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How Do I Heal My Marriage from My Infidelity?

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From a man in Peru: I proposed an open relationship to my wife for years (from the very start of our relationship) and she usually said no, was sometimes ambivalent or was sometimes inclined to say yes. We never got around to agreeing on the matter.

We got married just last year after a long relationship of 13 years and I branched out of our relationship before the wedding, having five one-night stands. After our honeymoon, I confessed to one of the infidelities and she reacted negatively, but now she’s doing much better. She has even considered having a sexual experience herself to even it out. She also confessed to having kissed someone as she was already suspicious of me.

Sadly, and maybe surprisingly, I am the one who is feeling worse, as I am going through awful guilt, remorse, shame, depression and anxiety due to my actions and of course not fully confessing. I am now clueless as to what to do next to save our marriage and heal ourselves.

Should I finish confessing and propose an open marriage as a middle path/salvation one last time? Or at least liberties for her since I didn’t wait for her? Should we separate? Should we just tough it out with counselling? A mixed solution?

By the way, both my parents are dead, so I have no support network.  I have no idea what to do as it is all so confusing and this is my worst mental health crisis so far. I feel (irrational and horrible) guilt and shame whether in her presence or not. I seldom have any appetite, and alcohol, which I used to enjoy, now just makes me feel more depressed. I am even considering going to India and/or consuming Ayahuasca, a psychedelic plant. My emotional situation is unbearable.
Thank you.

How Do I Heal My Marriage from My Infidelity?

Answered by on -


As you are finding, feeling guilty is no substitute for living honorably. But the root problem is not that you strayed. The root problem is that you and your now wife never came to a solid agreement about what fidelity means in your marriage. I think this crisis is going to force the two of you to finally stay with a discussion long enough to find a genuine agreement you can both stick with.

Note that I said “genuine” agreement. That means an agreement where neither one of you is “agreeing” just to get out of a difficult conversation. It means being willing to even risk the relationship by stating how you honestly feel. It means decisively agreeing to whatever you agree to, not hedging on it by saying you will “try”.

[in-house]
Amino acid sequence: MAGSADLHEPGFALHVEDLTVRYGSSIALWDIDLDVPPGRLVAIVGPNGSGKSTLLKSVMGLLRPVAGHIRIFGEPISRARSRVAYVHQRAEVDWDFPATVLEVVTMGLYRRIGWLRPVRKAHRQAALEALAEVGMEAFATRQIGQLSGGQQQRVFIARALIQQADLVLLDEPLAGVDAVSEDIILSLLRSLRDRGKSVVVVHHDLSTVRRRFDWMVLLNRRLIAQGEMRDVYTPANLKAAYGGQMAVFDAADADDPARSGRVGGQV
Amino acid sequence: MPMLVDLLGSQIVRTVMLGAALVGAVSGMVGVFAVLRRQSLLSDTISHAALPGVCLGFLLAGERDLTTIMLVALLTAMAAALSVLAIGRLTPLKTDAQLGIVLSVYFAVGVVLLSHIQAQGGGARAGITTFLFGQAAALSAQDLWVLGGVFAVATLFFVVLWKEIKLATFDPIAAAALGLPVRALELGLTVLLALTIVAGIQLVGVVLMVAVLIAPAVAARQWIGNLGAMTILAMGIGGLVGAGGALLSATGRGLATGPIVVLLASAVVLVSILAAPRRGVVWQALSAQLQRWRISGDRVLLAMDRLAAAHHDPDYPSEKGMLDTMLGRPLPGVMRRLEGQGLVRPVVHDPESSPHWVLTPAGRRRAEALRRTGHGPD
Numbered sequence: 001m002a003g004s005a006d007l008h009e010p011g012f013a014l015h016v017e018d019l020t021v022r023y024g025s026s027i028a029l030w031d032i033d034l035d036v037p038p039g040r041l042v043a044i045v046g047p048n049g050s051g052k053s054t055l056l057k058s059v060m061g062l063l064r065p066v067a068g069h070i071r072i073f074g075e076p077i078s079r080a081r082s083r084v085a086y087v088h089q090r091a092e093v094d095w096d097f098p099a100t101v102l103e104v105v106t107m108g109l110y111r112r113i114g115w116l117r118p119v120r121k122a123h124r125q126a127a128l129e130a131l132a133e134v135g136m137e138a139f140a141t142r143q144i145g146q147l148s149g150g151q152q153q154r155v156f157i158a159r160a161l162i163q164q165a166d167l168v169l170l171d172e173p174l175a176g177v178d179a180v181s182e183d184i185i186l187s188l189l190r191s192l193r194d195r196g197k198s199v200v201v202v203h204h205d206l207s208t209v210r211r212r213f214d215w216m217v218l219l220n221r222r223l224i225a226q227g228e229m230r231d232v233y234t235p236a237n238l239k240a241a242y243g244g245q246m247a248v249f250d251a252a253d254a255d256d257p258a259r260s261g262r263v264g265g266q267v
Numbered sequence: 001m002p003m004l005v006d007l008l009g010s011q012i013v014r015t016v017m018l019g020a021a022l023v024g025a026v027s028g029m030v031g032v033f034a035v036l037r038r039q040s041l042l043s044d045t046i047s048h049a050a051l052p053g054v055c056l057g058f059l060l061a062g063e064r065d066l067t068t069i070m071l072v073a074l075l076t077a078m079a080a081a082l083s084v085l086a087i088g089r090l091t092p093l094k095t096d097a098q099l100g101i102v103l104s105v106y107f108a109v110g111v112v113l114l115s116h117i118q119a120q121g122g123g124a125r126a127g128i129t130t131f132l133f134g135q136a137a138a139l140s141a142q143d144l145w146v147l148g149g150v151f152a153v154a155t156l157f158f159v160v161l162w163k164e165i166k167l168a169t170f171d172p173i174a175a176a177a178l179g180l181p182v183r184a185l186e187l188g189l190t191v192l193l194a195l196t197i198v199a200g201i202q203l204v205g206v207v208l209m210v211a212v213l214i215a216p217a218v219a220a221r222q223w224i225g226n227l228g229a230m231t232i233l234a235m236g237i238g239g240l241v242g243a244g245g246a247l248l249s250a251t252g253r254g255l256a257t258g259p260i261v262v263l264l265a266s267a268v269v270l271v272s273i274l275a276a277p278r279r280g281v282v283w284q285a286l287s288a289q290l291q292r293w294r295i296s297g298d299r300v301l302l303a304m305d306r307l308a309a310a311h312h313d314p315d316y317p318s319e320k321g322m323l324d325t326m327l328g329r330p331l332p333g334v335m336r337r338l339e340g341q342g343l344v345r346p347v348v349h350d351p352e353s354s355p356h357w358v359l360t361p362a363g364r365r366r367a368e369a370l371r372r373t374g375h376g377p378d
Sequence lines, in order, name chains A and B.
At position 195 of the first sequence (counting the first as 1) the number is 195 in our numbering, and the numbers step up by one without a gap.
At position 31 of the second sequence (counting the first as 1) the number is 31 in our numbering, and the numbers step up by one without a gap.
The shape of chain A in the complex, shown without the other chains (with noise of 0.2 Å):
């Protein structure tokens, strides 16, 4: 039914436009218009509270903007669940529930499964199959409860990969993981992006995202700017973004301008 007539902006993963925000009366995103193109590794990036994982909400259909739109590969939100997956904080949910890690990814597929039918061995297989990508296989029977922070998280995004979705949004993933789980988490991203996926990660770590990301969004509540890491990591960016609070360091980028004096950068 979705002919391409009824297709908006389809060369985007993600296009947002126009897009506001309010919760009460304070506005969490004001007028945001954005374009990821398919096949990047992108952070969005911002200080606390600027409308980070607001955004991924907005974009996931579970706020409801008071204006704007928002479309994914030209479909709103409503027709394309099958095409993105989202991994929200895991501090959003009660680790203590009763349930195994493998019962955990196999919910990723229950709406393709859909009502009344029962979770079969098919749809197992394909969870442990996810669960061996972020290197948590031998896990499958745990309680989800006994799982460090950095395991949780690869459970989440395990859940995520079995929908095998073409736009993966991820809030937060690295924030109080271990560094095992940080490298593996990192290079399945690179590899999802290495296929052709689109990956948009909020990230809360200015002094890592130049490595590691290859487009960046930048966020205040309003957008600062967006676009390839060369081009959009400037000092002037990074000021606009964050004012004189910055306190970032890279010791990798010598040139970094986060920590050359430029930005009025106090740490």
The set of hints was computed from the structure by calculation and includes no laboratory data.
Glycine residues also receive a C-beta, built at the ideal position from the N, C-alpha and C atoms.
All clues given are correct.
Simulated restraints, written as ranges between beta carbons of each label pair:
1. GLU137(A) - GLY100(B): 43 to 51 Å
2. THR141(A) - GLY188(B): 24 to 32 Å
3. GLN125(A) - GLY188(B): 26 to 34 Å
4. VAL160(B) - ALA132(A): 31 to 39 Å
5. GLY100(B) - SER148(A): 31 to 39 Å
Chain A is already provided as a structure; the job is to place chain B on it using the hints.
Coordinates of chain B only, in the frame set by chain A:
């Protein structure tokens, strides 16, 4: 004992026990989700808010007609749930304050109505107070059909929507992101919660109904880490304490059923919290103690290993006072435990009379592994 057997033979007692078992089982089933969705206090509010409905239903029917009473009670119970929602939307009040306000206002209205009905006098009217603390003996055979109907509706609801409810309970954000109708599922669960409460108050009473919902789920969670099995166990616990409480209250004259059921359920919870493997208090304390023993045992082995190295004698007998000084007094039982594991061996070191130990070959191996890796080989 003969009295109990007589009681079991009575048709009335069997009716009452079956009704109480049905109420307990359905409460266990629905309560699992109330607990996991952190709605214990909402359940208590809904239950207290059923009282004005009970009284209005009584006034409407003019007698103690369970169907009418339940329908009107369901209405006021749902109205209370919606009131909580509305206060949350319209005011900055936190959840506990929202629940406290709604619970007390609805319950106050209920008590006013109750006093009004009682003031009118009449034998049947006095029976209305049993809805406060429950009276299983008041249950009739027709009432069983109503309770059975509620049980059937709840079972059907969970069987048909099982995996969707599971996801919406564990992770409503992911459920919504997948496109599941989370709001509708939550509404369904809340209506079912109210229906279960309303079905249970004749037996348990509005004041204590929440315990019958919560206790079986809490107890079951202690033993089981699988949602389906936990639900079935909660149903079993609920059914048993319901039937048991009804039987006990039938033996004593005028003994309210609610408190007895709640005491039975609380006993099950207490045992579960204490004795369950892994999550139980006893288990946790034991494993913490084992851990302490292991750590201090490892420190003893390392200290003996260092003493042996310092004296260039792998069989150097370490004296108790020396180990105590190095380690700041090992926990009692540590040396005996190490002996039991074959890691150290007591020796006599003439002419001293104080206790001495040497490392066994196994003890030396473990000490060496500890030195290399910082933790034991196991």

I don’t know if your wife will even tolerate revisiting the matter when you tell her that you slept with several others. She may decide it’s easier for her if she just ends things with you. But after 13 years together, she may be willing to work on salvaging your marriage. In that case, you both need to commit to working this issue through once and for all. Forgiving isn’t enough. Agreeing to put it behind you isn’t enough.To make a marriage that will work over decades requires agreeing to a “deal” you both will live with.

If either of you — or both — find the conversation too difficult to stay in until you reach closure, do see a couples therapist to help you. Therapists often know how to redefine blocks so that what seems to be an unsolvable problem becomes solvable.

I wish you well.
Dr. Marie

How Do I Heal My Marriage from My Infidelity?

Therapists live, online right now, from BetterHelp:

Dr. Marie Hartwell-Walker

Dr. Marie is licensed as both a psychologist and marriage and family counselor. She specializes in couples and family therapy and parent education. Follow her on Facebook or Twitter.

APA Reference
Hartwell-Walker, D. (2020). How Do I Heal My Marriage from My Infidelity?. Psych Central. Retrieved on October 26, 2020, from
Scientifically Reviewed
Last updated: 29 Jan 2020 (Originally: 1 Feb 2020)
Last reviewed: By a member of our scientific advisory board on 29 Jan 2020
Published on Psych All rights reserved.